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The Secret in the US-Afghan Deal

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That carefully crafted sentence means that the only night raids covered by the MOU are those that the SOF commander responsible for U.S. night raids decides to bring to the Afghan government. Those raids carried out by U.S. units without consultation with the Afghan government fall outside the MOU. Coverage of the MOU by major news media suggesting that the participation of U.S. SOF units would depend on the Afghan government simply ignored that provision in the text.

But Pentagon spokesman John Kirby told reporters flatly on April 9 that Karzai would not have a veto over night raids. "It's not about the U.S. ceding responsibility to the Afghans," he said. Kirby would not comment on whether those SOF units which operated independently of Afghan units would be affected by the MOU, thus confirming by implication that they would not.

Kirby explained that the agreement had merely "codified" what had already been done since December 2011, which was that Afghan Special Forces were in the lead on most night raids. That meant that they would undertake searches within the compound. The U.S. forces have continued, however, to capture or kill Afghans in those raids.

The disparity between the reality of the agreement and the optics created by administration press briefings recalls Obama's declarations in 2009 and 2010 on the withdrawal of U.S. combat troops from Iraq and an end to the U.S. war there, and the reality that combat units remained in Iraq and continued to fight long after the Sept. 1, 2010, deadline Obama had set for withdrawal had passed. Fifty-eight U.S. servicemen were killed in Iraq after that deadline in 2010 and 2011.

But there is a fundamental difference between the two exercises in shaping media coverage and public perceptions: the Iraq withdrawal agreement of 2008 made it politically difficult, if not impossible, for the Iraqi government to keep U.S. troops in Iraq beyond 2011 (when U.S. troops finally left).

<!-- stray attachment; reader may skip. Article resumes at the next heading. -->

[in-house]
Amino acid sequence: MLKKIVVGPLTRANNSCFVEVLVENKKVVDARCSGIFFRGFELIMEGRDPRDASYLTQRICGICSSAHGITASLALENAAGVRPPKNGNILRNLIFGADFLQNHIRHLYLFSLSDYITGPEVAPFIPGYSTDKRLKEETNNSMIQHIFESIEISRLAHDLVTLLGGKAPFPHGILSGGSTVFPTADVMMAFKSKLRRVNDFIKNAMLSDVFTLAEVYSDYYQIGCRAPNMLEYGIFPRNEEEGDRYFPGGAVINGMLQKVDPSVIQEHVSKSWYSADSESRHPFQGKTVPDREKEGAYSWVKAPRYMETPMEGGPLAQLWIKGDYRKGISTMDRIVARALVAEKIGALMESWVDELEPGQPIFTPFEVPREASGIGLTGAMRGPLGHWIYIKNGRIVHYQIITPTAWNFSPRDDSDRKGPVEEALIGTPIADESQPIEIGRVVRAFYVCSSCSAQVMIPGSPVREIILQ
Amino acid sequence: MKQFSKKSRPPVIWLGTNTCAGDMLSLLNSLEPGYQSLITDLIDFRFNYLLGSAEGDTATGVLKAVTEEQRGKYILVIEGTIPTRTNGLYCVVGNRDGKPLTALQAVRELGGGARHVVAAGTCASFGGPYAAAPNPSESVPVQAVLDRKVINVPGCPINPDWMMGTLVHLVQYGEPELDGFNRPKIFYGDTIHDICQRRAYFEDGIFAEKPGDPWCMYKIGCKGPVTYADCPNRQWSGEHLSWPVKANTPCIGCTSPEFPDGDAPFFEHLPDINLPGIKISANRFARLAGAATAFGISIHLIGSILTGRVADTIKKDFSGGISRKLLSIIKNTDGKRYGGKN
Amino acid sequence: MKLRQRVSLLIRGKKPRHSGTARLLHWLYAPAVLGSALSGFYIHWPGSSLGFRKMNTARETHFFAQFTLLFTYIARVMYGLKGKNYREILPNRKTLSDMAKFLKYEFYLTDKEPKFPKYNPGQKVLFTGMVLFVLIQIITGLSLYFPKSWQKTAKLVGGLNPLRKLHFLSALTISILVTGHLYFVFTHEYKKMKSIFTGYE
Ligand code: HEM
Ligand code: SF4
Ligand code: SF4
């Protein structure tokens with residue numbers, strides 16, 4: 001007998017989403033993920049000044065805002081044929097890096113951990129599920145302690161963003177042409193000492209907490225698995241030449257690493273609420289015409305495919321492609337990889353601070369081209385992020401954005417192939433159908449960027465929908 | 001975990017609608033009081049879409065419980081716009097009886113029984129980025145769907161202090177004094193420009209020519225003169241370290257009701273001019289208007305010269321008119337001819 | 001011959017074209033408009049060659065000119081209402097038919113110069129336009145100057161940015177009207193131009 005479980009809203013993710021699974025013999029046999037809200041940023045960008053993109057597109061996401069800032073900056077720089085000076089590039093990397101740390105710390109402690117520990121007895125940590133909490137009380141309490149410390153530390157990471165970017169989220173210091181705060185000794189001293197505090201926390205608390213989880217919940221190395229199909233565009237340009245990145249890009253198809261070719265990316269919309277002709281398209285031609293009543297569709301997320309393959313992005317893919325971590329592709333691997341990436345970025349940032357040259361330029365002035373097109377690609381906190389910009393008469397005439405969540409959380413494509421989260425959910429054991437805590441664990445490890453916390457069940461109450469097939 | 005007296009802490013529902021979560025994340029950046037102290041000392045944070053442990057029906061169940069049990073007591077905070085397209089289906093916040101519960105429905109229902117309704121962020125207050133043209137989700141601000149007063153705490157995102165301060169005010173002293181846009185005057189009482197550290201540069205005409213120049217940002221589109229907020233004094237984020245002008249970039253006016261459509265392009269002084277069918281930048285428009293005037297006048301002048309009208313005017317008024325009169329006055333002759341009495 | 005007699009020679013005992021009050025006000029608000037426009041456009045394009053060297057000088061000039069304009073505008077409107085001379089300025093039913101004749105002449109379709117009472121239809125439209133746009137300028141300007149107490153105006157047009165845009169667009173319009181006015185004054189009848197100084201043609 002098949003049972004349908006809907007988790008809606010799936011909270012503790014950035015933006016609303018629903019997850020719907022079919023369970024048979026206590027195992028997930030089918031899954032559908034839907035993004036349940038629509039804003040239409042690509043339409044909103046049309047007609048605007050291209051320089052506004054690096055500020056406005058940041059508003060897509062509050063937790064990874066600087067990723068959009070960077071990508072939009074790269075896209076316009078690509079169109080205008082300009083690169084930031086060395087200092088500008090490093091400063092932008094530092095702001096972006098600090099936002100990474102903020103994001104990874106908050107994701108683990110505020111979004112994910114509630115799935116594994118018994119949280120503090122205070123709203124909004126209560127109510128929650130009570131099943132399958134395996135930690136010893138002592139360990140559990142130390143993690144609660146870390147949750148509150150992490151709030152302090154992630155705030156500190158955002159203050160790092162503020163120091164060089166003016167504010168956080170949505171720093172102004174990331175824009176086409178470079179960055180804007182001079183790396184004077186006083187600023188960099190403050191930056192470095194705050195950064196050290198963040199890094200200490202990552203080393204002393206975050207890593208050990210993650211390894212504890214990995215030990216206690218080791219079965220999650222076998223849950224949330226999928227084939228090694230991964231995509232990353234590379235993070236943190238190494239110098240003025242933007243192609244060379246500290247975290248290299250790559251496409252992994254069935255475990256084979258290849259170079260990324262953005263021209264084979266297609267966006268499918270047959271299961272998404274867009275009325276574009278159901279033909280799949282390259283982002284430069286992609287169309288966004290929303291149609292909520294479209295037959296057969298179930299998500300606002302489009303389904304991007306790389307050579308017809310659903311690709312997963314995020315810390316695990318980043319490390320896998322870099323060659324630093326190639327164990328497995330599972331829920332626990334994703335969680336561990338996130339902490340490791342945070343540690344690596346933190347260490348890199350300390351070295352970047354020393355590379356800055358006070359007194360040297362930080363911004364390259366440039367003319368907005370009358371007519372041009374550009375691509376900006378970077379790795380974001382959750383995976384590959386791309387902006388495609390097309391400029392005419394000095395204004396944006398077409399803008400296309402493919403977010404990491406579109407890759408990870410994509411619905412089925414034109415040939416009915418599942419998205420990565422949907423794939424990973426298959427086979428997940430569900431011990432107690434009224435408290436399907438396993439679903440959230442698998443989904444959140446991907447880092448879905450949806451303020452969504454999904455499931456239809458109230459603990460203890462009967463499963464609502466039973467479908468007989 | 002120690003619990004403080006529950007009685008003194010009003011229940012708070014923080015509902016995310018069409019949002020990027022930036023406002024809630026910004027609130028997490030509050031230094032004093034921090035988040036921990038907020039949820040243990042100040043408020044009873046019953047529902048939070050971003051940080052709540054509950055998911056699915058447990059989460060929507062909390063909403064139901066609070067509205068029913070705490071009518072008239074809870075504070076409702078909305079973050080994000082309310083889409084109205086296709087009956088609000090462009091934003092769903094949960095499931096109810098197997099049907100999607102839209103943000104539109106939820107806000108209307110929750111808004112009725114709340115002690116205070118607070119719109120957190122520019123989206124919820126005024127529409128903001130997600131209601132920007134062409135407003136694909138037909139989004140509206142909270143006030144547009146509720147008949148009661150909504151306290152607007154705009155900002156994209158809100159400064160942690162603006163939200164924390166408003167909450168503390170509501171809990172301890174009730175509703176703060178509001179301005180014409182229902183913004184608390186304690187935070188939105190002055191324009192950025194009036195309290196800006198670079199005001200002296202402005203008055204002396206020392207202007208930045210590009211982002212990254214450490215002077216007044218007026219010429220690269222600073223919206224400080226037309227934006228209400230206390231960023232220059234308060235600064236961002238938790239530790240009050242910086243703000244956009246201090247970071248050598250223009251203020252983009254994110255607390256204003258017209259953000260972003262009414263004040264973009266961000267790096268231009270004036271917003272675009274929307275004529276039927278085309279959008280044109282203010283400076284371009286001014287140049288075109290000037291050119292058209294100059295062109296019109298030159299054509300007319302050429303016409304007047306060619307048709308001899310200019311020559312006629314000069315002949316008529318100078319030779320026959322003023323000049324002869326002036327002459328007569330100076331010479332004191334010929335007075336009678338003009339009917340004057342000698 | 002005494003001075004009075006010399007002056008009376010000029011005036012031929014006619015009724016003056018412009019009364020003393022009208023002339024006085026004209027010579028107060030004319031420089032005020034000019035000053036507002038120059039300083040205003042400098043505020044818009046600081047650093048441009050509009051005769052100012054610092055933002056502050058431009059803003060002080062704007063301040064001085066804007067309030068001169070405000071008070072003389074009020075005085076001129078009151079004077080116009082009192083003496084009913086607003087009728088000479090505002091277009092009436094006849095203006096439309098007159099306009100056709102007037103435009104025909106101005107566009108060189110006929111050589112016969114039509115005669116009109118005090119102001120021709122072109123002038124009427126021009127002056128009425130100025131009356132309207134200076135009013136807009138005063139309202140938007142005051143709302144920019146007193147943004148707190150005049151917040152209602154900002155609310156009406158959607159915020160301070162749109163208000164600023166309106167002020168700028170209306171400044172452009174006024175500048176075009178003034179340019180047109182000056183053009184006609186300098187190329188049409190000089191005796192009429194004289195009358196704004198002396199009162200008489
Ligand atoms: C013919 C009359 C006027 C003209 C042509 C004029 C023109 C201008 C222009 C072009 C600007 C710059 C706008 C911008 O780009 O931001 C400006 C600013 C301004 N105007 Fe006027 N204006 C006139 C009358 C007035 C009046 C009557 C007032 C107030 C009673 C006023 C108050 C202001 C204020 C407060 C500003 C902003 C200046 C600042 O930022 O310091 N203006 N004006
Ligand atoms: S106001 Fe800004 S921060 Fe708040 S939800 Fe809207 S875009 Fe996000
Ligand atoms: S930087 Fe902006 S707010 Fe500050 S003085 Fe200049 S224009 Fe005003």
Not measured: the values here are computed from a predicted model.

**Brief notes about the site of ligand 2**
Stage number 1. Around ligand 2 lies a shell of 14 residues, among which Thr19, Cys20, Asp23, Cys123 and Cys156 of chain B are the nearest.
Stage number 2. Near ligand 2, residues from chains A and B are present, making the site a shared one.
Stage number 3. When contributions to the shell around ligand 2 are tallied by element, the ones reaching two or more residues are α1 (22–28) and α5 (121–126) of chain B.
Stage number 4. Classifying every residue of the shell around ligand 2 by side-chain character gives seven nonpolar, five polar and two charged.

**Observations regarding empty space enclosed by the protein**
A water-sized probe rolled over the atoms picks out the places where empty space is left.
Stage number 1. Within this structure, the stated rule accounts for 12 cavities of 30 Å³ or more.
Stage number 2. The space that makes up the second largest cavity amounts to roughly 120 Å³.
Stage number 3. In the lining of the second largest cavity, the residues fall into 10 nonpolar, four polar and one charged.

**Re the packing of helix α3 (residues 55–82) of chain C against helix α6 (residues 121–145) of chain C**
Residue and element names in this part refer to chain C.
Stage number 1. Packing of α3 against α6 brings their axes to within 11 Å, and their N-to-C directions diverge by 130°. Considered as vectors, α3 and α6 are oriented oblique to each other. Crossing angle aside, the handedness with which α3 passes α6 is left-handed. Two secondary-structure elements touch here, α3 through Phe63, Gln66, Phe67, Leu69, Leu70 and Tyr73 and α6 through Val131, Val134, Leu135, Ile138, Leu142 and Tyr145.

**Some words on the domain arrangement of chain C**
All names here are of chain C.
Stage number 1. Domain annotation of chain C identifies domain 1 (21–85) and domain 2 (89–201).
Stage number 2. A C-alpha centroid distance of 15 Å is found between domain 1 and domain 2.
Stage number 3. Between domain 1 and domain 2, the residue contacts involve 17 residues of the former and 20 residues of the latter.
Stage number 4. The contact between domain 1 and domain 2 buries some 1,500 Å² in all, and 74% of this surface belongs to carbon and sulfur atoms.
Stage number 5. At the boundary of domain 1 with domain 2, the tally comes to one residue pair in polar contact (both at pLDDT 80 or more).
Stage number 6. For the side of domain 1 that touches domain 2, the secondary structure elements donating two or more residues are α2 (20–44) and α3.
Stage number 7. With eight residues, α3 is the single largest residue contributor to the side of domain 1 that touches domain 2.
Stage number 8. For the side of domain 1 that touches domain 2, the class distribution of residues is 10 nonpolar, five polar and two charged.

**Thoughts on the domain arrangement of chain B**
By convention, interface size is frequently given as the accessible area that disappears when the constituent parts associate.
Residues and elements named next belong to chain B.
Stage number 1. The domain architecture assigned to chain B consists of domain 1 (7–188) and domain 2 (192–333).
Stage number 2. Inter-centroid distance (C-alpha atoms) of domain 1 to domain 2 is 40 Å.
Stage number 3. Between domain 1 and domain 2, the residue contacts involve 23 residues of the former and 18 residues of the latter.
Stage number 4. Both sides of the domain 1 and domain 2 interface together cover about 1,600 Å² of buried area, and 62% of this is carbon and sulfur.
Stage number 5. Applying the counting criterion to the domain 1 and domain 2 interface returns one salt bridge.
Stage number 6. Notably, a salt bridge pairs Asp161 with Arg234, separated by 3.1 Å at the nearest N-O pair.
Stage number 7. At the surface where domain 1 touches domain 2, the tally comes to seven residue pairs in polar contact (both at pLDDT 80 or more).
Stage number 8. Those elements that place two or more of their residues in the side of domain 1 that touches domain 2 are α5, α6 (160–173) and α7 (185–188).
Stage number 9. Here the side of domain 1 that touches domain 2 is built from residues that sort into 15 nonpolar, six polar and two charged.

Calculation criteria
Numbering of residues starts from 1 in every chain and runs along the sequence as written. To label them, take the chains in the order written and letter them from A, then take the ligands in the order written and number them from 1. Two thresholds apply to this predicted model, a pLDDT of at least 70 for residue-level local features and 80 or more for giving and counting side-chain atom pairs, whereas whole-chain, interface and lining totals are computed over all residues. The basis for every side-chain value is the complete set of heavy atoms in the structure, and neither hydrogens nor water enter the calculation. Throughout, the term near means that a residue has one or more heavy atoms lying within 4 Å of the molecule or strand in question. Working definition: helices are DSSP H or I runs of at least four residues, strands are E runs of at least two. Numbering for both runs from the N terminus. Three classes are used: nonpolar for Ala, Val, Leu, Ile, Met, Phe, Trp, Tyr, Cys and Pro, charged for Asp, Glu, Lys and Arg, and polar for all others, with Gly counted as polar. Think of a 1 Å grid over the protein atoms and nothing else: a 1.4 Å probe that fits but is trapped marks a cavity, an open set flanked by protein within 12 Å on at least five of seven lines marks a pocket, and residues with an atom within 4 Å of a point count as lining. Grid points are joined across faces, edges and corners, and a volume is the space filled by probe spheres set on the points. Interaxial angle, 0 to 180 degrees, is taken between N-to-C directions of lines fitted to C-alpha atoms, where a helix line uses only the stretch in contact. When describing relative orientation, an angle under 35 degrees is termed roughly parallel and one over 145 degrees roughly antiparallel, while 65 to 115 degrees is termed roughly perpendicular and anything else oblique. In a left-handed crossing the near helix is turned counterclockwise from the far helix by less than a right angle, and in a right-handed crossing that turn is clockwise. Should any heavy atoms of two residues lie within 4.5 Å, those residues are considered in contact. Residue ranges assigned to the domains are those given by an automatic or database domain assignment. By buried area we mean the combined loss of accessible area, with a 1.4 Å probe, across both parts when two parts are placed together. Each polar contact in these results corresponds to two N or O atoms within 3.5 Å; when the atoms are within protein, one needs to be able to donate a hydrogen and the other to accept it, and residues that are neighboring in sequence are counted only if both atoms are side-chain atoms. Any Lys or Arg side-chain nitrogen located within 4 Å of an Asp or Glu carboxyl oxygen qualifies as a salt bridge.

In the case of Afghanistan, however, the agreements just signed impose no such constraints on the U.S. military. And although Obama is touting a policy of ending U.S. war in Afghanistan, the U.S. military and the Pentagon have publicly said they expect to maintain thousands of SOF troops in Afghanistan for many years after 2014.

Obama had hoped to lure the Taliban leadership into peace talks that would make it easier to sell the idea that he is getting out of Afghanistan while continuing the war. But the Taliban didn't cooperate.

Obama's Kabul speech could not threaten that U.S. SOF units will continue to hunt them down in their homes until they agree to make peace with Karzai. That would have given away the secret still hidden in the U.S.-Afghan "Enduring Strategic Partnership" agreement.

But Obama must assume that the Taliban understand what the U.S. public does not: U.S. night raids will continue well beyond 2014, despite the fact that they ensure enduring hatred of U.S. and NATO troops.

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Gareth Porter (born 18 June 1942, Independence, Kansas) is an American historian, investigative journalist and policy analyst on U.S. foreign and military policy. A strong opponent of U.S. wars in Southeast Asia, and the Middle East, he has also (more...)
 

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